CONWY council’s leader defended his cabinet and their pay after some backbenchers called for senior councillor positions and salaries to be cut.
At a democratic services committee meeting at Bodlondeb, councillors noted a proposed pay rise before a final decision will be made at a future full council meeting.
The salary increase is set by the Independent Remuneration Panel for Wales (IRPW), not Conwy itself, although individual councillors can choose not to accept the amount.
This means a councillor’s basic salary will rise from £16,800 a year to £17,600 a year – with the leader set to receive £59,400, rising from £56,700.
The deputy leader’s pay will also rise to £41,580 from £39,690, and cabinet members will be paid £35,640, rising from £34,020.
Civic heads will also see their pay increase from £25,593 to £26,400.
The pay rises are controversial in light of Conwy opting to up council tax by 9.9% whilst cutting most services’ budgets by 10%.
Cllr David Carr and Cllr Anne McCaffrey proposed that the committee recommended that council looked at cutting extra allowances paid to all committee chairs, but this was thrown out.
Instead the committee voted to note the proposed pay rise but recommended the council looked at cutting the extra allowances paid to the chair of the democratic services committee and the vice chair of the council.
But discussions got heated when some councillors said the cabinet should look at cutting its numbers down from ten and even suggested the leader opt to cut the deputy leader’s pay.
Conwy’s leader Cllr Charlie McCoubrey, though, said he needed a strong cabinet, which meant positions and pay needed to be protected.
“We have faced enormous challenges,” said Cllr McCoubrey.
“We have had to make some incredibly difficult decisions. But I want to get paid to do my job properly, and driving forward we need to keep a really close watch on every penny we spend in the year coming up.
“In terms of the payment to the deputy leader, the world has changed.”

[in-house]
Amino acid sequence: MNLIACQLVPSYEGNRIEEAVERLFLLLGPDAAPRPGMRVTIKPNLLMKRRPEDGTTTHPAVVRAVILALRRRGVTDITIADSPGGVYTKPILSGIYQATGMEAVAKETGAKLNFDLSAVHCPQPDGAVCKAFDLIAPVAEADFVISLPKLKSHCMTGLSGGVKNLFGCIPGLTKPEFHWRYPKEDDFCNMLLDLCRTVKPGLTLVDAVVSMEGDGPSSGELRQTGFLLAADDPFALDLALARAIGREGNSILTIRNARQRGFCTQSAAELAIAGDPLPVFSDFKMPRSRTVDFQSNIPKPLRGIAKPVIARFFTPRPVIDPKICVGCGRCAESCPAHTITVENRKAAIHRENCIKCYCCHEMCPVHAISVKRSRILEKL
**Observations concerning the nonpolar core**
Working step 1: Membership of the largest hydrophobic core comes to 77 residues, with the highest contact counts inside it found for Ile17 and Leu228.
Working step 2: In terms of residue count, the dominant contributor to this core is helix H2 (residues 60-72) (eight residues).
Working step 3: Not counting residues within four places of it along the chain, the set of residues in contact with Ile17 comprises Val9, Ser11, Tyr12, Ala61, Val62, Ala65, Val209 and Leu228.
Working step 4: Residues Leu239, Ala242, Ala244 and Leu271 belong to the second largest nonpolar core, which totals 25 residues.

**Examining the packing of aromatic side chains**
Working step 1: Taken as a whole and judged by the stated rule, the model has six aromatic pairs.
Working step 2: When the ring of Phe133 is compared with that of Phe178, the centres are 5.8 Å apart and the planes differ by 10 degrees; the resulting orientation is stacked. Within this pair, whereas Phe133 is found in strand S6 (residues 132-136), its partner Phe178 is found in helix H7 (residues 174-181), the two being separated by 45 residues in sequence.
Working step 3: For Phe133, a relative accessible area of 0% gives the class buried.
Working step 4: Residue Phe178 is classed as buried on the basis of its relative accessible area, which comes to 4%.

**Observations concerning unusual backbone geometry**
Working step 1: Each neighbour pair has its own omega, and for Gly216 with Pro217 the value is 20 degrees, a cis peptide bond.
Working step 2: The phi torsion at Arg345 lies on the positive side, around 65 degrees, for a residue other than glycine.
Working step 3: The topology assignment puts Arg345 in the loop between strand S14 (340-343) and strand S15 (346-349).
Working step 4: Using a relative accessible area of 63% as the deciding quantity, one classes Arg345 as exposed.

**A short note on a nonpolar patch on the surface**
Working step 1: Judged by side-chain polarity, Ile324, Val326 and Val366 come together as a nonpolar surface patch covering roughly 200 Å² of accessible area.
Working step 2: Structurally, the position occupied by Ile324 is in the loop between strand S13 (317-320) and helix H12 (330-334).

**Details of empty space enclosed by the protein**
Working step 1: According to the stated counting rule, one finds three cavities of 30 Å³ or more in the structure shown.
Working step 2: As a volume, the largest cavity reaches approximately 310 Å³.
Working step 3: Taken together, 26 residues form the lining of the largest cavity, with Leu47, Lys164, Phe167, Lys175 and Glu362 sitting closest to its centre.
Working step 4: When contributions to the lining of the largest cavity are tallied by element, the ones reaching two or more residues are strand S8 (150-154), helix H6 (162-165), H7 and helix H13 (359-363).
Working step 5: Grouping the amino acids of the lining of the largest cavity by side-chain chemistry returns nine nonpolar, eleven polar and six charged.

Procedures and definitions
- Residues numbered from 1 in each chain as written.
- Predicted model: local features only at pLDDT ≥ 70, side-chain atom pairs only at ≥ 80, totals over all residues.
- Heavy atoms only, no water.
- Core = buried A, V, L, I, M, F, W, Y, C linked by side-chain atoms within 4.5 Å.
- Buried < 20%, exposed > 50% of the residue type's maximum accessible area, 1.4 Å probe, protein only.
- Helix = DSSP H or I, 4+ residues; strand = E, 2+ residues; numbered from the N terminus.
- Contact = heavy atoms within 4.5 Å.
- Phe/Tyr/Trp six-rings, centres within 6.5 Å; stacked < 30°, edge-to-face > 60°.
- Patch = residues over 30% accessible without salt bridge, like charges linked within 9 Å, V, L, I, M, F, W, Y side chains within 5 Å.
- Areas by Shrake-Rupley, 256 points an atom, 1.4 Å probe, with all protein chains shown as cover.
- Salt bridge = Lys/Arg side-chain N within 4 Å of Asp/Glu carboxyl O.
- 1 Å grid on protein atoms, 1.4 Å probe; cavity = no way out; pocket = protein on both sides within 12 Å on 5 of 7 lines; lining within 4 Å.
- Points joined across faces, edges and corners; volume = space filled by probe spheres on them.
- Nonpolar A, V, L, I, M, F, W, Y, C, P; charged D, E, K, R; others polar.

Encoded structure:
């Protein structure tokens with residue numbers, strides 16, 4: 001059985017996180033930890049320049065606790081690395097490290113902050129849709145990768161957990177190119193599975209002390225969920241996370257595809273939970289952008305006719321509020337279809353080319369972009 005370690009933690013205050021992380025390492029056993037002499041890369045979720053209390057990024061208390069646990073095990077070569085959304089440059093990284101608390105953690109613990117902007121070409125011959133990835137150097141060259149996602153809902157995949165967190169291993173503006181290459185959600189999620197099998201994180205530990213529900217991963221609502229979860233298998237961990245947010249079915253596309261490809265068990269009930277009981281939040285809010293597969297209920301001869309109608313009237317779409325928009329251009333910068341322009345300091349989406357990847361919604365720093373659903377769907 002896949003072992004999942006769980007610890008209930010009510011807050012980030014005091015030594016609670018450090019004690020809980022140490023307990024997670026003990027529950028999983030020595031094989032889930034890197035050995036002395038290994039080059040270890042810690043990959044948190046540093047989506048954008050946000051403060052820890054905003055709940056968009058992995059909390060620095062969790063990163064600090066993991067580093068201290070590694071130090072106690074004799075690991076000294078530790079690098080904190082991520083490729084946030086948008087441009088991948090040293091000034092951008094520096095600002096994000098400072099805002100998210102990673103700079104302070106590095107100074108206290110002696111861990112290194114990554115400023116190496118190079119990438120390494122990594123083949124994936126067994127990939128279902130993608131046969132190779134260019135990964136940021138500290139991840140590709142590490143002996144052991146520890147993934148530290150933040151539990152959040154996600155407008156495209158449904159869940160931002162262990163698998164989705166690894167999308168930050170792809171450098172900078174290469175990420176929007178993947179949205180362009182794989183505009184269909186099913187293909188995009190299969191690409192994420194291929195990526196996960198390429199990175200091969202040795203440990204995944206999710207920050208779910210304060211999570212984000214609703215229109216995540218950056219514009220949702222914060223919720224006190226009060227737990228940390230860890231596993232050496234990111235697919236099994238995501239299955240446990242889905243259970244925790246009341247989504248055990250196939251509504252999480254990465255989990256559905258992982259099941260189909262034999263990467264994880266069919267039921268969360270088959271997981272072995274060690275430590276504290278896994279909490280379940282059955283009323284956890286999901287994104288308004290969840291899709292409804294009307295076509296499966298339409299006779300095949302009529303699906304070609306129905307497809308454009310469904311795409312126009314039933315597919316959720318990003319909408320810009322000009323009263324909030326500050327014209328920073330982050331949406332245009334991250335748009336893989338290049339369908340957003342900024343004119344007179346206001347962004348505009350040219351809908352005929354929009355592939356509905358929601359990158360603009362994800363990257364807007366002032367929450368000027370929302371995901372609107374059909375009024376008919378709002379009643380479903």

Cllr McCoubrey then listed a long list of his responsibilities and said: “There are an awful lot of calls that take me away from this chamber.
So the role of deputy leader is incredibly important.
“If I can’t make these meetings, I need someone who represents this council really well and fights for Conwy’s share.”
Cllr McCoubrey then warned of a ‘false economy’, adding: “We need to be very careful that we are not throwing the baby out with the bathwater – it’s a knee-jerk reaction. We have to do things in a careful and reasonable manner and provide good services for our residents.”
But Cllr David Carr said: “This council has just put (made Conwy) the highest council tax (rise) in Wales. We have no reserves.
“If it was payment by results, the public is right: we shouldn’t be getting a pay rise.”
Committee chair Cllr Cathy Augustine also warned councillors about balancing cost and value and reminded the committee that percentage increases in council tax didn’t equate to actual sums, arguing council tax remained higher in Gwynedd.
Cllr Anne McCaffrey said it was ‘hypocritical’ for councillors not to make cuts when councils services were, insisting councillors had a ‘moral responsibility’ to make financial savings.
“It doesn’t sit right with me,” she said.
Cllr Mandy Hawkins reminded councillors they could opt not to accept the pay rise on an individual basis but recognised the salary was important to ensure people from all walks of life stood for council.
“I won’t be accepting the pay rise,” she said.
Cllr Cathy Augustine said councillors earned the same as nurses and deserved the extra sums, due to the extra work.
“We talk about how this cost-of-living crisis has hit people,” she said.
“It has hit many people who are elected members, some more than others.”
She summarised: “Rule of thumb: three days a week, and pro-rata-ed up that’s the equivalent (earnings) of a newly qualified nurse.
Probably many of us do far more (days than three) than that, and remember lots of our meetings are anti-social hours.”
Cllr Paul Luckock agreed that councillors worked hard for a ‘modest sum’, admitting he had changed his opinion since being elected.
“It (the role) has been much more demanding than I anticipated, to be honest,” he said.
He added: “I’ll be absolutely transparent. I shall be taking the £17,600 because I think I work pretty hard for that modest salary.”
The increases proposed by the IRPW will be debated and voted upon further at a future full council meeting.